Posts Tagged ‘Working Class’

Private Eye Attacks Facebook Group for People Suspended from Labour

June 15, 2018

Private Eye has published much excellent material, and over the past few days I’ve blogged about some of the material revealed in this fortnight’s issue. But the magazine does have a very pronounced anti-Corbyn bias, and does seem to have swallowed, and regurgitated all the bilge smearing Corbyn and his supporters in the other parts of the lamestream media. It does seem to take as fact that the smears that Momentum is full of abusive misogynists and anti-Semites, and that the Labour leader and his supporters are ‘hard Left’ and Trotskyites. They aren’t. Corbyn and Momentum really are just traditional Labour, standing for the old Social Democratic policy of a mixed economy, and strong and healthy NHS and welfare state. All of which is anathema to the Thatcherite right – the Blairites – who have tried to position themselves as moderates when in fact the truth is, they’re the extremists. They’re extreme right. And outside the Labour party this is also unwelcome to the Tories and the mainstream media and its bosses pushing for more privatisation and further policies to destroy the welfare state and push the working class further into poverty. Because they see it as good for business having a cowed workforce on poverty wages.

In this fortnight’s Eye, for 15th-28th June 2018 on page 10, the pseudonymous ‘Ratbiter’ has published an article attacking a Facebook group for those suspended from the Labour party, and the attempts of its members to make contact with officials close to Corbyn to obtain justice or redress. It accepts absolutely uncritically the charges against them. And the end of the article once again repeats the claim that those suspended for anti-Semitism are automatically guilty, with an example of an anti-Semitic post from one of those in the group.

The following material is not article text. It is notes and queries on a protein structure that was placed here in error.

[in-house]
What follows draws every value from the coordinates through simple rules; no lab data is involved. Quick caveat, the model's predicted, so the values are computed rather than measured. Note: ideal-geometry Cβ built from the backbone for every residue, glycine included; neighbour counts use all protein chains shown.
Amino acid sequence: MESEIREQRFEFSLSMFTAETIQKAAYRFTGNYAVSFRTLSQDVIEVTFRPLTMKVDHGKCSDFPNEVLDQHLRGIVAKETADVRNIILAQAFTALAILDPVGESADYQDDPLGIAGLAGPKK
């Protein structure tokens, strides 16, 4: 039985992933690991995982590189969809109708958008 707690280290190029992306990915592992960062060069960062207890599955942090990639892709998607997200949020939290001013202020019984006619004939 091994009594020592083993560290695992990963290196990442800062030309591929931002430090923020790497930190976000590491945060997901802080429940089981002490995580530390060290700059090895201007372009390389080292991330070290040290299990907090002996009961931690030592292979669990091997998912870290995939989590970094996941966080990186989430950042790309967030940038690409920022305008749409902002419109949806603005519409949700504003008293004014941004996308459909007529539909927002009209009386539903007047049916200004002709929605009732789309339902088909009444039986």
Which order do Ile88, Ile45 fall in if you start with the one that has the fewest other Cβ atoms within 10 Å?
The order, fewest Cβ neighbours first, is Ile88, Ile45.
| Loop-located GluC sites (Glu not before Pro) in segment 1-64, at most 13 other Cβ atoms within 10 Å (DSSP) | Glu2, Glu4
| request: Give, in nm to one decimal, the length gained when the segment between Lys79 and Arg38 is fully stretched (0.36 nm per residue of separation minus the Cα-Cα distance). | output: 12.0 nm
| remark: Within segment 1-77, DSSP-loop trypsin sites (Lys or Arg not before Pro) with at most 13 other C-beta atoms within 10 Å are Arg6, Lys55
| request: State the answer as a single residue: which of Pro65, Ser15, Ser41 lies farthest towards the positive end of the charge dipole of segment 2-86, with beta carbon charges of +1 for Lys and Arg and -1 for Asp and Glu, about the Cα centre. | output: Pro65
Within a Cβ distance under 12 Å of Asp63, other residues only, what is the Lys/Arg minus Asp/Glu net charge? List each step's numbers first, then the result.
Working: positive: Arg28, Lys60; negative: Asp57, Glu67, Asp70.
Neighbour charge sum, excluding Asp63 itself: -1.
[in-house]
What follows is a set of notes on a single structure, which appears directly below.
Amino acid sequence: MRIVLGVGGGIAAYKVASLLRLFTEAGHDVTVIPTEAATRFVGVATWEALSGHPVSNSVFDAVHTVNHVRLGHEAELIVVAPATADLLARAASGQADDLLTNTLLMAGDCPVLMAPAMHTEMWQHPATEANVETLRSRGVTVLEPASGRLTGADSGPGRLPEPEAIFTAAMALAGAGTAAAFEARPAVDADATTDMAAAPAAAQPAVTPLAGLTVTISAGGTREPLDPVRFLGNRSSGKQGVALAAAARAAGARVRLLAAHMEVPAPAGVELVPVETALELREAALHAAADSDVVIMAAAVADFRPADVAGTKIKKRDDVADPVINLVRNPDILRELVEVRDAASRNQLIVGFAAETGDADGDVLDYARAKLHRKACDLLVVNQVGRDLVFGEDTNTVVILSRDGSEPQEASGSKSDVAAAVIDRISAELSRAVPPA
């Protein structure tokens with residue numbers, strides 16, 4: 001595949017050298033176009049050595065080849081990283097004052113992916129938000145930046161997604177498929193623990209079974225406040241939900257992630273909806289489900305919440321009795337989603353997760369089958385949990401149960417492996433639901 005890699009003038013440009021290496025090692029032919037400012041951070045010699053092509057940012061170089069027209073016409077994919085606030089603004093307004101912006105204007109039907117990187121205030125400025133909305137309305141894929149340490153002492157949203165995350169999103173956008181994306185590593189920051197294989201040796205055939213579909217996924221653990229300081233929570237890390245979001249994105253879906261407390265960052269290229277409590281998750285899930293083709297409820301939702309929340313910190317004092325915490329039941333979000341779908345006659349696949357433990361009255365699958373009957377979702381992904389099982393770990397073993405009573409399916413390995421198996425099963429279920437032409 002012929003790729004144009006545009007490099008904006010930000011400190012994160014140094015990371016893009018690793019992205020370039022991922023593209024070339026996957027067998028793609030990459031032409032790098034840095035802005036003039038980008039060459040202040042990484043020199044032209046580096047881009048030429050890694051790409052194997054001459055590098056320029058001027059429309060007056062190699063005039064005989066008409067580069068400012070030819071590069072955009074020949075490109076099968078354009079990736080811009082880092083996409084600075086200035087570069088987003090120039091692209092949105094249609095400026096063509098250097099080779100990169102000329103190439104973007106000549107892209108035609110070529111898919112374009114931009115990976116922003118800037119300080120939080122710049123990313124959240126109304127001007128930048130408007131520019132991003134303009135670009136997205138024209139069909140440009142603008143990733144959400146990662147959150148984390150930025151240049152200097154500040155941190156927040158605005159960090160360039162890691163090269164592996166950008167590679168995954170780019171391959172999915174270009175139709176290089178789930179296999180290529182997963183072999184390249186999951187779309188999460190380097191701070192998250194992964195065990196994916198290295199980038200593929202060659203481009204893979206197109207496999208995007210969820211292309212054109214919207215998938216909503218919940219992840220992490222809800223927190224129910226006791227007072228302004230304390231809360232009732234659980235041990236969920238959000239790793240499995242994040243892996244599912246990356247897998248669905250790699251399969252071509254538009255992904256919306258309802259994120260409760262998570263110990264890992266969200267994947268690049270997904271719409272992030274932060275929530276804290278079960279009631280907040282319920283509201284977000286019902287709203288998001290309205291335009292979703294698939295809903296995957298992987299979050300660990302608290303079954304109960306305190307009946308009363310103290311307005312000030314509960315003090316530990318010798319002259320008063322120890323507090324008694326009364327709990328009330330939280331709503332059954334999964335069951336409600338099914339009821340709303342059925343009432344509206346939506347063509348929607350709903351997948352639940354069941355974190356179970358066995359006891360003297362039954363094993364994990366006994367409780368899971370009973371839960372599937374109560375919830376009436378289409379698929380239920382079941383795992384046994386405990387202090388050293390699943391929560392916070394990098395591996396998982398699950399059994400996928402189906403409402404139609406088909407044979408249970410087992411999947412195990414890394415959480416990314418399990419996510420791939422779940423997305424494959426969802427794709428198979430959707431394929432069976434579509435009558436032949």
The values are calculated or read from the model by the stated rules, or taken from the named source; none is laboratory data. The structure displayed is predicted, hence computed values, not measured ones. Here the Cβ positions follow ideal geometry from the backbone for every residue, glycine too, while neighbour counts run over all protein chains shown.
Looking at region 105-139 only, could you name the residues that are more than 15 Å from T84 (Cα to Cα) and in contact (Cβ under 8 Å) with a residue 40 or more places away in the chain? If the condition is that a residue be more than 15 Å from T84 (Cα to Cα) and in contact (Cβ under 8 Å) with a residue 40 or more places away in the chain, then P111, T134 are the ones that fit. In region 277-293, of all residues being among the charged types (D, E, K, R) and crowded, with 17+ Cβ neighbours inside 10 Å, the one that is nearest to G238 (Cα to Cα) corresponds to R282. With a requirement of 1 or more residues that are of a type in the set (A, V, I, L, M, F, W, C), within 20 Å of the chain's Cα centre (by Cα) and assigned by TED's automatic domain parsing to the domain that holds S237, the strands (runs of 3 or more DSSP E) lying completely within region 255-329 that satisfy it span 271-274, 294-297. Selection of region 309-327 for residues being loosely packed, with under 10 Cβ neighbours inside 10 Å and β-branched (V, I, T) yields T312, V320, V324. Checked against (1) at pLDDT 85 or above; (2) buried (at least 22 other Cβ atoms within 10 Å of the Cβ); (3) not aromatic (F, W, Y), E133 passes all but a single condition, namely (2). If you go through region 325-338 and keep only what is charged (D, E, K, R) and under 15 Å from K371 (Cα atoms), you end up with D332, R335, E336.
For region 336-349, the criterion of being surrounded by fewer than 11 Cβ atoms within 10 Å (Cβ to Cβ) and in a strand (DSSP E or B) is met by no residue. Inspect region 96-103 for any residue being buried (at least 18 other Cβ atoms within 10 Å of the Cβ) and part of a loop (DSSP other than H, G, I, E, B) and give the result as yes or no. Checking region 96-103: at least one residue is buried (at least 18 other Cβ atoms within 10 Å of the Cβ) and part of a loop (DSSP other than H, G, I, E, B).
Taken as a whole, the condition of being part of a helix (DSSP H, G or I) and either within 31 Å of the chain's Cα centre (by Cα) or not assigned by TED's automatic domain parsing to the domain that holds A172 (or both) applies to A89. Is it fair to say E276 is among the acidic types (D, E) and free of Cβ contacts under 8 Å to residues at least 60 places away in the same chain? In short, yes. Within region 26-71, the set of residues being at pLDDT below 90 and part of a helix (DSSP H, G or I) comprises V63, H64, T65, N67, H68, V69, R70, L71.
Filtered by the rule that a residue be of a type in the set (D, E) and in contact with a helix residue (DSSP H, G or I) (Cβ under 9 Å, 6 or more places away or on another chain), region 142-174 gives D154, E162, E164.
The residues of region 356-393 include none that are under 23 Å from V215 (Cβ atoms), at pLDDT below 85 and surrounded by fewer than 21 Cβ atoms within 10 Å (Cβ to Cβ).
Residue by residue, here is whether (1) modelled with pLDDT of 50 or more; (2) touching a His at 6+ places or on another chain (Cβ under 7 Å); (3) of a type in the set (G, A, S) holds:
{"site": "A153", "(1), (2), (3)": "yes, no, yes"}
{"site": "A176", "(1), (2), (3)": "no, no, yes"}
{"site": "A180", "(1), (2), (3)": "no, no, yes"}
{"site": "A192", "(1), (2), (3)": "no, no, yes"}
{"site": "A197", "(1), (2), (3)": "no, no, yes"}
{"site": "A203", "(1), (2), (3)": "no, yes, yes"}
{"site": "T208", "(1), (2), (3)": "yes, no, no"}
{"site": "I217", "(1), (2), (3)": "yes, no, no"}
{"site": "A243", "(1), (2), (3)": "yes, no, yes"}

But many of those suspended from the Labour party for anti-Semitism and other offences are anything but, as shown in the cases of people like Mike, Tony Greenstein, Jackie Walker and very many others. As I’ve blogged about ad nauseam, ad infinitum. The article therefore needs to be carefully critiqued. It runs

Suspended Animation
Facebook has a secret and carefully vetted political group called Labour Party Compliance: Suspensions, Expulsions, Rejections Co-op. As the ungainly title suggests, it is a online hangout where Corbyn supporters facing disciplinary action for abuse, anti-Semitism and other loveable quirks can nurse their grievances in private. Or so they think.

Screenshots of the site obtained by the Eye show that the outcasts are not so far out in the cold they don’t have access to the highest levels of Corbyn’s Labour.

Take 17-year-old Zac Arnold, who has been suspended from the Forest of Dean Labour Party. He revealed he had “been given the email of someone called Thomas Gardiner by James Schneider at JC’s office, who said he would be a useful contact over my suspension”. He asked his fellow pariahs “what your thoughts are and if you know him”.

They certainly knew Schneider. “I have chatted with James,” said Caroline Tipler, the founder of the “Jeremy Corbyn Leads Us to Victory” Facebook group. “I def think it would be useful to make contact”. The best way to get back into the party would be to start by “making a tentative enquiry and gauge from the response whether to progress it from there”.

The “someone called Thomas Gardiner” to whom young Zac referred is a Labour councillor from Camden. When Corbyn assumed total control of the Labour machine in March by installing Jennie Formby, Len McCluskey’s former mistress, as Labour’s general secretary, Formby’s first act was to call in Gardiner.She sent John Stoliday, the head of Labour’s compliance unit, on gardening leave and put Gardiner in charge of overseeing complaints against members. So he is certainly a “useful” man to know for as any Corbyn supporter facing troublesome allegations – as indeed is Schneider, who works in the leader’s office alongside fellow Old Wykehamist Seumas Milne as Corbyn’s director of strategic communications.

Suspended members appear to think that, so long as they discuss their prejudices in private, they will be fine. Their Facebook group is splattered with posts painting Labour activists as victims of a Jewish conspiracy. “They will try to silence you,” reads one. “They will try to discredit you. Because you are not allowed to criticise Jewish politics.” But their own group suggests
that you are, as long as you aren’t caught and have friends in high places.